“I write with great diffidence, but it seems to me that there is no unfairness in punishing people for their misfortunes, or rewarding them for their sheer good luck,” Butler’s narrator takes up. “Wherefore should a man be so richly rewarded for having been son to a millionaire, were it not clearly provable that the common welfare is thus better furthered?” We can’t help thinking of the recently elected Governor of Texas when reading Butler: “We cannot seriously detract from a man’s merit in having been the son of a rich father without imperiling our own tenure of things which we do not wish to jeopardize,” since “property is robbery, but then, we are all robbers or would-be robbers together, and have found it essential to organize our thieving.”

Accordingly, in that land where ill luck “of any kind, or even ill treatment at the hands of others, is considered an offense against society,” such breaches of decorum as swindling, check forging and even outright robbery were treated in hospitals at the public expense; or, if someone in good circumstances perpetrated them, he simply let it be known “to all his friends that he is suffering from a severe fit of immorality . . . and they come and visit him with great solicitude”—much, we may imagine, as the friends of our current Secretary of Commerce, or of the former Democratic head of the House Ways and Means Committee are currently engaged or, in the spirit of bipartisanship, those of the former President’s son Neil Bush, of Silverado fame, and even so blatant a case of deception and mendacity as our gap-toothed Marine colonel lately rehabilitated as a Republican candidate for the United States Senate from Virginia. Such egregious cases were subjected in Erewhon to correction at the hands of “straighteners.”

These highly trained specialists had passed their best years at the well-regarded Colleges of Unreason in the diligent study of “hypothetics” and the esoteric “hypothetical language” in which they were “always able to tell a man what is the matter with him as soon as they have heard his story, and their familiarity with the long names assures him that they thoroughly understand his case,” thus laying the foundations for the treatment of the many among us today who incline to conceal their ill health, but “are quite open about the most flagrant mental diseases” in the ramshackle mansion later erected in our midst by the father of psychoanalysis himself. Lesser “fits of immorality”—such as the book deals and Gopac funds entangled in the college courses taught by the House Speaker—may be expected to go into remission with the abolition of the House Ethics Committee under his party’s proposal to transfer its moribund activities to the House committee charged with handling office space and parking privileges.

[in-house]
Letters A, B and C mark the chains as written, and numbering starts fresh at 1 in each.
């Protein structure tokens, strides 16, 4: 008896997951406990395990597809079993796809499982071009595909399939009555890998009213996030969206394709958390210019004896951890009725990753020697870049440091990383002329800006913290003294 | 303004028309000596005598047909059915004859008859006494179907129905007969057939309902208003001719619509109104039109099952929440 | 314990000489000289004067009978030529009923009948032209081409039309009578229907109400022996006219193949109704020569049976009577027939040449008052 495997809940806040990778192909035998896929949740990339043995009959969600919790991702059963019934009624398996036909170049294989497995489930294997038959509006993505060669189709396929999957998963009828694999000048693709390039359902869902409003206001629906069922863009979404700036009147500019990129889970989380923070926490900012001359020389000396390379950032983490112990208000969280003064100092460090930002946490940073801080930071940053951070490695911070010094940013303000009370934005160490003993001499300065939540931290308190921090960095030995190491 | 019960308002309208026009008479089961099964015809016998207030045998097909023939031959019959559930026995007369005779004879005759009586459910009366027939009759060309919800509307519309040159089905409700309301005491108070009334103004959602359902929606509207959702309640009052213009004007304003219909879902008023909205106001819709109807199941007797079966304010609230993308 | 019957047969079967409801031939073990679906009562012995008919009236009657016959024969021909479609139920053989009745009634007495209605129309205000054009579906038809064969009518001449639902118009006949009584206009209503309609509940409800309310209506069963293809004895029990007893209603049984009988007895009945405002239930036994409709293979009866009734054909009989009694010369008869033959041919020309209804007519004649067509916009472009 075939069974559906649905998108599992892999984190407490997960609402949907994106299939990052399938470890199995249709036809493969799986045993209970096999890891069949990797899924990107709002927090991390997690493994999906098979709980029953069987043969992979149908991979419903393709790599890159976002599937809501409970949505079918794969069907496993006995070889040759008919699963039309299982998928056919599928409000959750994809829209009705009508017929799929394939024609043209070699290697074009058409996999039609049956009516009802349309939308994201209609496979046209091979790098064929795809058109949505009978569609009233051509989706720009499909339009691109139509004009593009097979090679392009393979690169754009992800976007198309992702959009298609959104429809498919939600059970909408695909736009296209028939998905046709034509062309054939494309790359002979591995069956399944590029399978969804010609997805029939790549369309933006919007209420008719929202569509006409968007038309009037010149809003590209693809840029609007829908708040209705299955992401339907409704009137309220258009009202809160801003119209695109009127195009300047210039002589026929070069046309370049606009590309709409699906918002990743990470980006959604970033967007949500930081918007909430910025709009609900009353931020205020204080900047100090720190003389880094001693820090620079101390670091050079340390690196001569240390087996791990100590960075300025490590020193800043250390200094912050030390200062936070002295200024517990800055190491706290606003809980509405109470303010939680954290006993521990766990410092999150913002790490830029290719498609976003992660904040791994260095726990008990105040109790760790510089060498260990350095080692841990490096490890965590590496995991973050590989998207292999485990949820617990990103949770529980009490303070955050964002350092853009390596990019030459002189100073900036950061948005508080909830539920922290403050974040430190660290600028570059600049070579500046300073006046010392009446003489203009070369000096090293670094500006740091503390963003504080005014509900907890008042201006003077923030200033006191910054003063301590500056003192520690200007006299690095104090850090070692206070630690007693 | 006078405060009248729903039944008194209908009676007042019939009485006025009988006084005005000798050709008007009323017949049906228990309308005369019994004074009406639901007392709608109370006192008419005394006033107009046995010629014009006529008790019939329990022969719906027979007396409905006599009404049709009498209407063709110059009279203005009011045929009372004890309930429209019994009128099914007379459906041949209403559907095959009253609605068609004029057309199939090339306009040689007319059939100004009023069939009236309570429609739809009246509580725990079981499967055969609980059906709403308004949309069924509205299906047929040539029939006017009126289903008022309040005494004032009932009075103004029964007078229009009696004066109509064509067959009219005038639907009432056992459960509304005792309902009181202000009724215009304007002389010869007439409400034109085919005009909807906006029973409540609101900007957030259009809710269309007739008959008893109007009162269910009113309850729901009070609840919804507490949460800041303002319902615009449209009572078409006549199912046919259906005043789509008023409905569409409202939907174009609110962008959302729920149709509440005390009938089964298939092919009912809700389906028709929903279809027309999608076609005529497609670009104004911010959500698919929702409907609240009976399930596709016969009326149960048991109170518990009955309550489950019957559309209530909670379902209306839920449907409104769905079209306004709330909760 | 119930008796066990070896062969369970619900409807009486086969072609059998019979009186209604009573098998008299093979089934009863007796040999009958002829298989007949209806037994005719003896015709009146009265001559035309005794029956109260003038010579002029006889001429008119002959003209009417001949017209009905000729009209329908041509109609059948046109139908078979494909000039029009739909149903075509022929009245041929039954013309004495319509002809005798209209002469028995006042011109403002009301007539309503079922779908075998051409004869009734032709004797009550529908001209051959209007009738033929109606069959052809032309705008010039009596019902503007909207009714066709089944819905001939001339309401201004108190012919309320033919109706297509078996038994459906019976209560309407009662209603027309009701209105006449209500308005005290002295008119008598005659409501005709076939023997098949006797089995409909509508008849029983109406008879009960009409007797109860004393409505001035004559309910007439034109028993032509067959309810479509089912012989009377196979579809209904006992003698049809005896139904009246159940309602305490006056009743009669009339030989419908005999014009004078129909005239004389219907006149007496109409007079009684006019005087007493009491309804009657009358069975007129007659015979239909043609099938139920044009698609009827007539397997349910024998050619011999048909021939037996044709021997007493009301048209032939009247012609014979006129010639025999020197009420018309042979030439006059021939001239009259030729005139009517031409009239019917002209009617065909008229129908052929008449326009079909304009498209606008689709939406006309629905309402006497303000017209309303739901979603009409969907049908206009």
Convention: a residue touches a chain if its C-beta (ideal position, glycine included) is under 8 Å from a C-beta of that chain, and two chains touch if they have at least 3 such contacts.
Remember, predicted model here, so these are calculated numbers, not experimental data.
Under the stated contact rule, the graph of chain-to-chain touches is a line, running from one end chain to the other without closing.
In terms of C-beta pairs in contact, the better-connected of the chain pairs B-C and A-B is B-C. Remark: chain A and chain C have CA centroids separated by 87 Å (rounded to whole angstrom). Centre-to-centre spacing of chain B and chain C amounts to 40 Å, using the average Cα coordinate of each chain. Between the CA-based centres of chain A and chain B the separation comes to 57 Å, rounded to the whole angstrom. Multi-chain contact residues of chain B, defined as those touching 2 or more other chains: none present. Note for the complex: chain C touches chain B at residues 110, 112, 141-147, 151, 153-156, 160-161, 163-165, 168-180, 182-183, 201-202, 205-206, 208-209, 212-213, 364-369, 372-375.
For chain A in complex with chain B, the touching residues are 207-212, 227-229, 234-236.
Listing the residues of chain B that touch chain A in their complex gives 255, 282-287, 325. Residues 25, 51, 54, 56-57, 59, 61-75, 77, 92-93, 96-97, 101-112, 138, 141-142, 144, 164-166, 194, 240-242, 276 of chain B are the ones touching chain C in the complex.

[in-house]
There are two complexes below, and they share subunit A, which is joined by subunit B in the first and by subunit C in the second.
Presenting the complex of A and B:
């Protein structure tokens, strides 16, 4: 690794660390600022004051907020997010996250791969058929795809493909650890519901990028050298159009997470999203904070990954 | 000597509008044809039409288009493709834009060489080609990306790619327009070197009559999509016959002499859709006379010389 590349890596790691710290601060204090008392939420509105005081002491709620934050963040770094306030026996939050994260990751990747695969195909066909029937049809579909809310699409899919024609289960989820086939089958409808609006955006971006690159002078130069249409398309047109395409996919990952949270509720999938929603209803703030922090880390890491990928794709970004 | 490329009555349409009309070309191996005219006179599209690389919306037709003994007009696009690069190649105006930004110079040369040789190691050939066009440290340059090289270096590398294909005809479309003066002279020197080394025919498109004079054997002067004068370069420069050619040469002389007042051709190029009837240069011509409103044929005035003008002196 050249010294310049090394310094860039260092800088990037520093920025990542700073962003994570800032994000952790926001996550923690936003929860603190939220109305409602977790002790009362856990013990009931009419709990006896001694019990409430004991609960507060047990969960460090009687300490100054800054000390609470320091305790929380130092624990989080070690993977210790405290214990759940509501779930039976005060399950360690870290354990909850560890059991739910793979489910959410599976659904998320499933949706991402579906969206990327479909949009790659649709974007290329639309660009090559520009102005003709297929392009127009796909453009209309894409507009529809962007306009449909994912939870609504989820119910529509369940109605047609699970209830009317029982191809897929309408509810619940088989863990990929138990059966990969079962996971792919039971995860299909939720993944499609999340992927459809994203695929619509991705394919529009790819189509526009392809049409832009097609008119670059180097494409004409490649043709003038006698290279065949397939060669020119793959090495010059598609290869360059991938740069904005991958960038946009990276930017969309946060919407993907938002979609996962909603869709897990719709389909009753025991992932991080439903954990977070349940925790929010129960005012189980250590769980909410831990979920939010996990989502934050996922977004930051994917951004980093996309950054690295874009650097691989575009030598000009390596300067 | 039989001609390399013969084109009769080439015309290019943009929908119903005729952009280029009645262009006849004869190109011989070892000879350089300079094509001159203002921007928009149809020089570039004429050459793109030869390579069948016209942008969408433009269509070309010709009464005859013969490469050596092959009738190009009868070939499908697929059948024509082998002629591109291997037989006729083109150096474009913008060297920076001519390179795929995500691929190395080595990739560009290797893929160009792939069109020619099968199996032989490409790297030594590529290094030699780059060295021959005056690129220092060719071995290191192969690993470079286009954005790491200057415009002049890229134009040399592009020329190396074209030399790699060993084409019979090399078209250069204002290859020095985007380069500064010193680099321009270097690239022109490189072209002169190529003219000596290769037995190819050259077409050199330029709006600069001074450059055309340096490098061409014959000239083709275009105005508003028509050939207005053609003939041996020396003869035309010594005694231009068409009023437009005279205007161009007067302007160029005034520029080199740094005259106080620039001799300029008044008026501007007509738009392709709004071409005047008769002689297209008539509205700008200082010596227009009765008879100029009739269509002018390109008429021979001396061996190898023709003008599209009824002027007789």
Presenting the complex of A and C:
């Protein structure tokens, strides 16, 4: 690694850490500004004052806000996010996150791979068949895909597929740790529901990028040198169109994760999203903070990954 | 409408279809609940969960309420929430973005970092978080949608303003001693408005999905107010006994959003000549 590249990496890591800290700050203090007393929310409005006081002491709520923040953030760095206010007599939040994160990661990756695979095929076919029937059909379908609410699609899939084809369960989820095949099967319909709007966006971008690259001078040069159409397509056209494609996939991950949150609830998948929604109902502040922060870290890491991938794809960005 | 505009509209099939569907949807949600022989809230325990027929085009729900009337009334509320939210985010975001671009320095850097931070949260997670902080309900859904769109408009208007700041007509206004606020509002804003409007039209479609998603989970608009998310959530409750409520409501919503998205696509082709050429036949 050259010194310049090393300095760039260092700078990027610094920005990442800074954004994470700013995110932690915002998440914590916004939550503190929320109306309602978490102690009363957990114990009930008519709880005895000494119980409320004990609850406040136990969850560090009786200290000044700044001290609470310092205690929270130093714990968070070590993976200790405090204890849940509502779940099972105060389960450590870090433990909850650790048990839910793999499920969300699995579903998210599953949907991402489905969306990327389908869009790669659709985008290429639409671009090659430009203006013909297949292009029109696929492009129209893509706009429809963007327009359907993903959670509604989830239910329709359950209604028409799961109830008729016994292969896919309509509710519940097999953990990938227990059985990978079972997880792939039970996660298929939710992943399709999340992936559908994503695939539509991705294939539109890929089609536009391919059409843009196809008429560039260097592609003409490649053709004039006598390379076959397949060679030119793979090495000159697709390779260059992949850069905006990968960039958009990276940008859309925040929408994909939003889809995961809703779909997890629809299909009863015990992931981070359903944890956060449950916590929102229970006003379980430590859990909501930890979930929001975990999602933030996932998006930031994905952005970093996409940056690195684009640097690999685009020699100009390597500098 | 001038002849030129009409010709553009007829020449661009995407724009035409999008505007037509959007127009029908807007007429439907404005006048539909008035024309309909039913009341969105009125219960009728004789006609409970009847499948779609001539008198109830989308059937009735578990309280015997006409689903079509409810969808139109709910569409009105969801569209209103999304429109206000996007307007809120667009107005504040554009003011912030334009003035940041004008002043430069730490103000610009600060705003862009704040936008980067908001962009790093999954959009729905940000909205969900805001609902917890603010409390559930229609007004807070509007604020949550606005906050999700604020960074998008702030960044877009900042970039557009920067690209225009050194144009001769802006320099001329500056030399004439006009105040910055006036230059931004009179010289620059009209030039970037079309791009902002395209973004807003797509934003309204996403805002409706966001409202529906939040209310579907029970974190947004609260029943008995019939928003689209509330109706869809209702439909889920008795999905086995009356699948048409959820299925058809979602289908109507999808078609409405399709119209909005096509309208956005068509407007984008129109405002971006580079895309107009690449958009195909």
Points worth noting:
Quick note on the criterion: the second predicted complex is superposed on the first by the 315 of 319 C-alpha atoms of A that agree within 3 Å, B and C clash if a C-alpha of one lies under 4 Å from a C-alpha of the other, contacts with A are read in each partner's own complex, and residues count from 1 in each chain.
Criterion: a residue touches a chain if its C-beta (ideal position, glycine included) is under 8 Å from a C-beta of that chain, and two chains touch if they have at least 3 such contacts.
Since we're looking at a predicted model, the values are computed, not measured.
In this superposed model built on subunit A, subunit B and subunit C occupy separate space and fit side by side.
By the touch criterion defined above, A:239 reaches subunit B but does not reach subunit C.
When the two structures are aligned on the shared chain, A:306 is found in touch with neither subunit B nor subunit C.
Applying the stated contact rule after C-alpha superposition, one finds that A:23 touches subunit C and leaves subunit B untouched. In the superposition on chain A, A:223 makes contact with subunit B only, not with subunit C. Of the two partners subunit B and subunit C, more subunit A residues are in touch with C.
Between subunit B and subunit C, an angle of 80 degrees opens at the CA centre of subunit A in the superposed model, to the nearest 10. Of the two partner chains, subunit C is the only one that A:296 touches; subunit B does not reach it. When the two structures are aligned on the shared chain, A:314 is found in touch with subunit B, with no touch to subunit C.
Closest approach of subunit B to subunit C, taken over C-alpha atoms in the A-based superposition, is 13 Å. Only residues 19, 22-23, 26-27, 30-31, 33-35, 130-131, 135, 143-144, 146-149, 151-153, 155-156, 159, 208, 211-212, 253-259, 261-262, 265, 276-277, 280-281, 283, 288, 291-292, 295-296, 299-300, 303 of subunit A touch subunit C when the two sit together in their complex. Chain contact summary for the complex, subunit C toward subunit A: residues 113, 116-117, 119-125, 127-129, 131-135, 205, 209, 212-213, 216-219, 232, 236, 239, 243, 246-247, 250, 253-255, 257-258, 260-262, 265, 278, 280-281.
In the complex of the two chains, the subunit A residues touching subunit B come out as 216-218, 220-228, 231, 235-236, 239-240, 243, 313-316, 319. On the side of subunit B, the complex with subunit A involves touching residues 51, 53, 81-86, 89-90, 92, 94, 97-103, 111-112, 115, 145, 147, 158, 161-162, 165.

“It is not our business to help students to think for themselves,” proclaimed the Professor of Worldly Wisdom at the Colleges of Unreason. “Our duty is to insure that they shall think as we do,” largely helping to explain the worship prevalent in Erewhon of the goddess of respectability, Ydgrun, whose law was “conformity until absolutely intolerable”—though she was seldom alluded to or even paid the hypocrisy of the kind of lip service that more fully corresponds to the new agenda’s call for a constitutional amendment to reintroduce prayer in our public schools and, with a provision strengthening parents’ rights in their children’s education, opening the classroom to the masked marvel of “creation science.”

“To the extent that we stay in the broad area of consensus, we avoid controversy,” John Ashcroft, a Republican senator from Missouri, states in a striking tautology worthy of the highest Ydgrunite, speaking now to his party’s efforts to terminate Federal support for the arts and humanities. In finding unacceptable the use of money wrested from our nation’s taxpayers (at some 66 cents a year) to “subsidize an assault on their values, religion or politics” he follows a former czar of education, William J. Bennett, who now casts its agencies as intellectually and morally corrupt in their support of artists and scholars who have undermined our “mainstream American values” as reflected in the art-school curriculum at Erewhon’s university, where those studying painting were “examined at frequent intervals in the prices which all the leading pictures of the last 50 or a hundred years” had brought, with their values fluctuating upon being sold and resold. “The artist . . . is a dealer in pictures, and it is as important to him to learn how to adapt his wares to the market, and to know approximately what kind of a picture will fetch how much, as it is for him to be able to paint the picture.”

“When we get into the area of challenging some of the fundamental values of American culture, we get ourselves in real trouble,” our Missouri senator takes up. He especially rejects any definition of art that means “it has to challenge and be offensive.” And given such arguments as these, who can disagree?

“Erewhon” was originally published at the author’s expense, like the rest of his books, excepting, of course, his posthumous work, including the novel “The Way of All Flesh.” He wrote, as one erstwhile editor remarked, “to please himself, and to have something to read in his old age.” Of his books Butler himself said, “I never make them; they grow; they come to me and insist upon being written.” And it is the “practical side of literature and not the poetical and imaginative—I mean literature applied to the solving of some difficult problem which may be usefully solved—that alone fires me with hot desire to devour and imitate it. That, and the battering down of falsehood to the utmost of my poor ability.”

REDISCOVERIES  New York Times, March 5, 1995